Space repair man fixes tile gap fillers
BY WILLIAM HARWOOD
STORY WRITTEN FOR CBS NEWS "SPACE PLACE" & USED WITH PERMISSION
Posted: August 3, 2005
Like an anxious mom plucking out splinters, astronaut Stephen Robinson gently pulled two dislodged gap fillers from the shuttle Discovery's belly early today in an unprecedented 223-mile-high repair job.
"I'm grasping it, I'm pulling, it's coming out very easily," Robinson radioed. "OK, the offending gap filler has been removed."
Exactly 10 minutes later, after astronauts Wendy Lawrence and James Kelly guided the arm to the second protruding gap filler, Robinson completed the repair job with little fanfare.
"I'm ready for brakes," he called, asking the arm operators to stabilize the robotic crane.
"Brakes are on. You're go," Kelly replied from inside the Destiny laboratory module.
"Thank you. Here we go..."
"OK, I'd like to move away from the orbiter, body aft 5 feet please," he radioed.
"Body aft. We're taking the brakes off."
"Sounds great. OK, that came out very easily, probably even less force," Robinson commented. "It looks like this big patient is cured.
And with that, the Discovery astronauts pulled off one of the more memorable space shuttle repair jobs in program history, venturing below the underside of the shuttle for the first time to service an area of the spacecraft that is normally considered strictly off limits.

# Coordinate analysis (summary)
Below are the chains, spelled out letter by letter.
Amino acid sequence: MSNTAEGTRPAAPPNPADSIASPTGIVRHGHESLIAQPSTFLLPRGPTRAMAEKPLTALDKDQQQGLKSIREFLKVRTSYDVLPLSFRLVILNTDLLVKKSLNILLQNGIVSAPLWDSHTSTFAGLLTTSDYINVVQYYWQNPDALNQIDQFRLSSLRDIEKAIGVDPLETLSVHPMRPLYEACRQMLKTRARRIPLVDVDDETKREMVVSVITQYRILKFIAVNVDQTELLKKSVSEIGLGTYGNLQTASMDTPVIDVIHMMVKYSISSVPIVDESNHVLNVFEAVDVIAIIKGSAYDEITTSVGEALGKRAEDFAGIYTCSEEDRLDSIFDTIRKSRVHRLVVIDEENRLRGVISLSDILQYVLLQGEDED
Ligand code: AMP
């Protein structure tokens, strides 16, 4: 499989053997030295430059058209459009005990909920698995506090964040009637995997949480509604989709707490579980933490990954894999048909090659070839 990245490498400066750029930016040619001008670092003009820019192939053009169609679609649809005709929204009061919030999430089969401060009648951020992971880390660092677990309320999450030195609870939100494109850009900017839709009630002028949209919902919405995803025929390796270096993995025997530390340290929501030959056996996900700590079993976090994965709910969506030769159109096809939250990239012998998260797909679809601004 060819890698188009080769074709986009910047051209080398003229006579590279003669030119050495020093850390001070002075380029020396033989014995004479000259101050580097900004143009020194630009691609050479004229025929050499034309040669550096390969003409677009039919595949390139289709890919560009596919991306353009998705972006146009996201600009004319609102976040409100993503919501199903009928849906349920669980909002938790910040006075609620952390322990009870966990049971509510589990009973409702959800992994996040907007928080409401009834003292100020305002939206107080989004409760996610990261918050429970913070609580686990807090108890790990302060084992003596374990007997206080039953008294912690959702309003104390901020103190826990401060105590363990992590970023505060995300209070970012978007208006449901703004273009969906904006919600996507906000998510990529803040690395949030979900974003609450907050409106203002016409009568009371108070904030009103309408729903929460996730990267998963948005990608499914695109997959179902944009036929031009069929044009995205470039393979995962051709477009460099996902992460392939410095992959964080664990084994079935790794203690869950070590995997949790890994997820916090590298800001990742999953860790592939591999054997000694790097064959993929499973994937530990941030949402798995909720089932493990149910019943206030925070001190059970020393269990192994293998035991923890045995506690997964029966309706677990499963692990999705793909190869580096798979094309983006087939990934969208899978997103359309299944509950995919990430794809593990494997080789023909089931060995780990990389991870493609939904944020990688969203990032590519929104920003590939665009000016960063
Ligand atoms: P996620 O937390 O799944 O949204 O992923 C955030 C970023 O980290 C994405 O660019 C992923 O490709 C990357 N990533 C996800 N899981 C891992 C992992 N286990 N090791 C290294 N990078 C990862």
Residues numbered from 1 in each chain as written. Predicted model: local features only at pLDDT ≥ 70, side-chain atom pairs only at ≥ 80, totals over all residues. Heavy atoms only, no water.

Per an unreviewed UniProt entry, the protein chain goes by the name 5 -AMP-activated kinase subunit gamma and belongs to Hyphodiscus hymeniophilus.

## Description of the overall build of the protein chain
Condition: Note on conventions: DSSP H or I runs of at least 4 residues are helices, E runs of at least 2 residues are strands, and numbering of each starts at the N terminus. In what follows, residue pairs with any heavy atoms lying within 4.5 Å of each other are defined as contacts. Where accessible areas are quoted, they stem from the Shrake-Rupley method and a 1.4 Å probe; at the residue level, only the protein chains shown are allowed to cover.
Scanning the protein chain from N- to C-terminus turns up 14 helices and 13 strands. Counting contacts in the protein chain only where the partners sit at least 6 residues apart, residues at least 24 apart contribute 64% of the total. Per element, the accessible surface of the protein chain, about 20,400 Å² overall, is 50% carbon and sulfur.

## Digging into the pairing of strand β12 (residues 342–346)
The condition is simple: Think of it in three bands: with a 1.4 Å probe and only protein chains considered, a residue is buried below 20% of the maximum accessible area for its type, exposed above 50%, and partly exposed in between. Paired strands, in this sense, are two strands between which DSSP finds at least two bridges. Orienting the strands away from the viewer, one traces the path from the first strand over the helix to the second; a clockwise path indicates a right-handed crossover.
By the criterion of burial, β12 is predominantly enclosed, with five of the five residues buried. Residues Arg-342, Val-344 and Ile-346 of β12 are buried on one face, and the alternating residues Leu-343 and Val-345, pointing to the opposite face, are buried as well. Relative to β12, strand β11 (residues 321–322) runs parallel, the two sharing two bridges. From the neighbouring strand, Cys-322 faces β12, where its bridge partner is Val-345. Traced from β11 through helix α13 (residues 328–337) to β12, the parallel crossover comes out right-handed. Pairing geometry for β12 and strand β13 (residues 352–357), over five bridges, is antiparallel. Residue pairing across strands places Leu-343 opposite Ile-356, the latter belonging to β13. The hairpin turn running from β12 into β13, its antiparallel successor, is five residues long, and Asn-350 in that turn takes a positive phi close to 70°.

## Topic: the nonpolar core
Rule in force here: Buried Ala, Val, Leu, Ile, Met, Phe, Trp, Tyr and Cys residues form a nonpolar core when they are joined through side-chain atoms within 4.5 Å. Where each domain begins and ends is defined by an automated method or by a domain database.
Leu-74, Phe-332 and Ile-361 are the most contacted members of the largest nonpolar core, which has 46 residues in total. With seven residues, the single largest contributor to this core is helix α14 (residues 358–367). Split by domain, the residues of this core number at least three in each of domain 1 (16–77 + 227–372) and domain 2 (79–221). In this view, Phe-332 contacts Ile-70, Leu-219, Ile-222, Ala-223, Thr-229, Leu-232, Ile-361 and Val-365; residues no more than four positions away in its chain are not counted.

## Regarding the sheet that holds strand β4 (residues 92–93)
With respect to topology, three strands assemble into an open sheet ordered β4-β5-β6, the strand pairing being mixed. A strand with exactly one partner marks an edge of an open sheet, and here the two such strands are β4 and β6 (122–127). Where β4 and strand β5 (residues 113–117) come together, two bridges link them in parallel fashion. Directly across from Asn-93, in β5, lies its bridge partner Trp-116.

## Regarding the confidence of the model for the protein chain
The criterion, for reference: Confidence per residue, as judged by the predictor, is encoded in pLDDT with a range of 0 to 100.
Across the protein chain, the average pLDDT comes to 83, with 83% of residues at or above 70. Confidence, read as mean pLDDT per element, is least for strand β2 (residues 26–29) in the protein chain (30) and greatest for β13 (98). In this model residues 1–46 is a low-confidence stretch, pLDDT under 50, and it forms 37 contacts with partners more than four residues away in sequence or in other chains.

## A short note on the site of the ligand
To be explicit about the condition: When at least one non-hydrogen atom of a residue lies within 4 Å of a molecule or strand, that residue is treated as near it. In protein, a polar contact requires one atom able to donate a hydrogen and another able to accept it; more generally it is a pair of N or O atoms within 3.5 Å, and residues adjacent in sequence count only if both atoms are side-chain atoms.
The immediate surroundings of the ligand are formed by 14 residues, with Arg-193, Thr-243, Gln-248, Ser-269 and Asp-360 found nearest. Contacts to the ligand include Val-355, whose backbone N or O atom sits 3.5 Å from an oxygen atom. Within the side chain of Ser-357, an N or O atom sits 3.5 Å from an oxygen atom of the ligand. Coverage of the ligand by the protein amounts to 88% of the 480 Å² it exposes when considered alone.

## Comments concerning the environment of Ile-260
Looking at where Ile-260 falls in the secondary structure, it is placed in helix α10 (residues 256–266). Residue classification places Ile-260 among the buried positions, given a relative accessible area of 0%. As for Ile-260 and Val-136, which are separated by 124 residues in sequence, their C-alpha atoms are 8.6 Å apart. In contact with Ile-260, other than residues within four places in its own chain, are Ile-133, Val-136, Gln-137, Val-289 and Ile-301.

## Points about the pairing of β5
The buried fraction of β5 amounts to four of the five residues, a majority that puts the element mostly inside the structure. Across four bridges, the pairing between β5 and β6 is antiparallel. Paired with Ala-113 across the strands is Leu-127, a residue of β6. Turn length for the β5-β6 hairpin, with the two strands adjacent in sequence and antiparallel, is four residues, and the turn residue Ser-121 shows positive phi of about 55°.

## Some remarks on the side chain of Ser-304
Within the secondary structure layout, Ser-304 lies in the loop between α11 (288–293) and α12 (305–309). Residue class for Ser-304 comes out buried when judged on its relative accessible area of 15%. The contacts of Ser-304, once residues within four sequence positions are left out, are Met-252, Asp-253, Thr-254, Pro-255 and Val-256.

Spectacular television views from cameras mounted on the space station, Discovery's robot arm and Robinson's space suit allowed flight controllers and armchair astronauts around the world to follow along as the spacewalker worked alone against the backdrop of Discovery's tiled under belly.
Shots from fellow spacewalker Soichi Noguchi's helmet camera showed the entire space shuttle against the blue-and-white globe of Earth with Robinson visible in the distance on the end of the station's robot arm.
Contrary to news accounts that focused on what some viewed as an especially risky venture, Robinson had no problems at all, never came close to damaging any surrounding tiles and completed the repair work in the time needed to simply pluck the gap fillers out.
But the astronauts clearly took the work seriously, reviewing safety precautions while the arm slowly moved Robinson to the work sites below the shuttle.
"It goes without saying we don't want any inadvertent contact with tile or the belly of the orbiter," astronaut Andrew Thomas called from inside the shuttle-station complex.
"You've got a lot of things still hanging onto you even though we cleaned you up, so try to keep an eye on where they are. ... And under the orbiter, we'll probably have comm drop outs, we may lose wireless video. So we'll need continuous communications protocol while you're doing the (job) so we can be assured it's going properly."
Thomas cautioned that if Robinson had to resort to a hacksaw to cut the gap fillers off, "the serrated edge is also going to be sharp so you need to watch that. If by any chance you do need to contact the tile with your hands, we would require only gentle hand reaction alone. We want you to distribute the load over several fingers or the backs of the fingers. How copy?"